Shark fossils found in Mammoth Cave National Park have stunned the paleontology world.
It all started with two Mammoth Cave specialists, Rick Olson and Rick Toomey, finding the fossilized shark in the cave walls while exploring and mapping the cave system.
Paleontologist John-Paul Hodnett, who researches shark fossils, was brought to Mammoth Cave in November after the discovery and said this find is a rarity.
“I was shown a set of photographs that looked like a series of teeth and some big chunks of cartilage with the teeth,” Hodnett said. “I thought this is really cool because shark cartilage in itself is very rare in the fossil record. Shark skeletons are made up primarily of cartilage. It is a softer tissue than, say, bone tissue, which fossilizes better. When you actually have cartilage of any kind to preserve, it is always a fantastic find.”
Hodnett said the shark was recognizable as a shark called Saivodus Striatus.
“Saivodus is only known from the late Mississippian Period, which is about 330 million years ago,” Hodnett said. “All we have known up until now is just the teeth of Saivodus. To actually have cartilage with the teeth was like a major find for this particular species of shark.”
To properly verify the fossils, Hodnett spent time at Mammoth Cave looking at the spot where the fossils were found.
“They thought maybe they had a whole skeleton, which unfortunately wasn’t the case, but what was really amazing is that the cartilage belonged to one big skull, which was exposed in the cave wall,” Hodnett said. “From what I could see was one big jaw of the shark and some other cartilage that could belong to parts of the cranium.”
Hodnett said the size of the jaw was similar to the size of the Great White Shark, which is not uncommon for the Savidus species.
“Saivodus is actually a pretty big shark,” Hodnett said. “For the particular one found at Mammoth Cave, we are thinking about something between 15 and 20 feet long.”
Hodnett added there were other Saivodus fossils found, leading experts to believe the species could be upward of 25 or 30 feet long.
After the initial identifications were verified, Hodnett said the plan of what to do with the fossils is next.
“I took the measurements and photographs and we are still coming up with a plan on what to do with this particular specimen whether we will be able to remove it safely out of the cave wall or if this is something we will have to document in place,” Hodnett said.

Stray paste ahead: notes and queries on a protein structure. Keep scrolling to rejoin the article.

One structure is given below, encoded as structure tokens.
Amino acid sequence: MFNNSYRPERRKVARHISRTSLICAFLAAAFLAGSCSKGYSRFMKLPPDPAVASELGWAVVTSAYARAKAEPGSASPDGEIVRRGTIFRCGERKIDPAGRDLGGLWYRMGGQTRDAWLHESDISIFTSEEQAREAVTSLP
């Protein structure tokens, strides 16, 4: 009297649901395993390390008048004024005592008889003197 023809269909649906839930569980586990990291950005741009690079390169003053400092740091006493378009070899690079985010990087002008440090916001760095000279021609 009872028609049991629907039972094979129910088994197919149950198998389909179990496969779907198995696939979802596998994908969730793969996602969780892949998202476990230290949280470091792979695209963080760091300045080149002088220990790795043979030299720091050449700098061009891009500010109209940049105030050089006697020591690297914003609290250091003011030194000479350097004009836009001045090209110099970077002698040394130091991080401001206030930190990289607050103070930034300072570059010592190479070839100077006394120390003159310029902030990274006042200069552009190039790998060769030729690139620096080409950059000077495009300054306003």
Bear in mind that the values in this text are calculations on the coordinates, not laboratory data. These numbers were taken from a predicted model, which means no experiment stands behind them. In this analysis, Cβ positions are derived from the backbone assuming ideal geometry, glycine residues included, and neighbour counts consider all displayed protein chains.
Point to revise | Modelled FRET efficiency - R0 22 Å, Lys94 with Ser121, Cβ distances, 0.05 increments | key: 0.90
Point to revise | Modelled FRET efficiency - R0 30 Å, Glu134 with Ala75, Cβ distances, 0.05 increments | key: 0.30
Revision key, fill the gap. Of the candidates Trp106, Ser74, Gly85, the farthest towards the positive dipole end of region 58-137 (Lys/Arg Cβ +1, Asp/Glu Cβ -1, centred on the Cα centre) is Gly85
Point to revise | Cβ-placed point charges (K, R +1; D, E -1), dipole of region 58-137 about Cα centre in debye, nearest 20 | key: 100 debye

Hodnett also said Mammoth Cave is abundant in other shark fossils as well.
“In the process of getting to the new specimen, we are seeing more shark teeth,” he said. “It is surprising how (many) shark fossils there are at Mammoth Cave, and because they are preserved in the cave, they are not exposed to the elements like other shark fossils. They can fall apart or get abraded from either wind, sand grains or snow. Because they are in the cave and slowly eroding out of the cave due to cave moisture, they are in great shape and they are offering a lot more high-resolution information.”
The rock that the fossil was found in is also significant, according to Hodnett.
“There is a diverse group of shark fauna that is in the cave, and there’s a particular layer of rock that is at Mammoth Cave,” said Hodnett, adding that the rock layer is called Ste. Genevieve Limestone. “This layer is known going all the way to Missouri to West Virginia. We have never had any documentation of shark fossils coming from that particular rock bed. That in itself is ... like a major puzzle piece.”
This finding also will allow comparisons to be made to other findings around the world.
“At this moment, in North America, we have very little good (examples) of fossil sharks for this time period,” he said.
Hodnett also addressed how these fossils ended up in Mammoth Cave.
“There was an ancient warm seaway that went through most of North America,” he said. “But things change, new mountains rise and up and drain the land. About 13 million years ago, the river system started to carve into the limestone and started forming tunnels, which is the Mammoth Cave system we know in the area. If it wasn’t for the water actually changing and shifting every time creating these tunnels, we would have never known that the shark teeth were here.”
The research is still being conducted, according to Hodnett, adding that he plans to do a presentation for the Society of Vertebrate Paleontology in Cincinnati in October.
Hodnett also hopes that the research in Mammoth Cave will expand.
“I’m hoping that there will be more research in the cave,” he said. “We have only been in a few tunnels and it is amazing what we found in those. Imagine what else we could find in the rest of them. That would be the other goal to expand and look at other locations in the cave and find more evidence of sharks. There are other layers of rocks from different formations that could have records of sharks as well, but we don’t know if we don’t look.”
Mammoth Cave National Park Public Information Officer Molly Schrorer said the fossils and their location are protected.
“Everything in the park is protected,” she said. “We preserve it and protect it for scientific and educational purposes. These fossils are such an important and fragile resource. We are very careful about how we show those to the public. These particular fossils are out of the public view and off the main cave route.”
Schrorer said the discovery is generating a lot of good publicity for the park.
“We’ve known these fossils are down there for many years, but they haven’t been scientifically researched until now,” she said. “To have an actual shark expert come in and tell us what we have has revealed how important these fossils are to the park and our geological history.”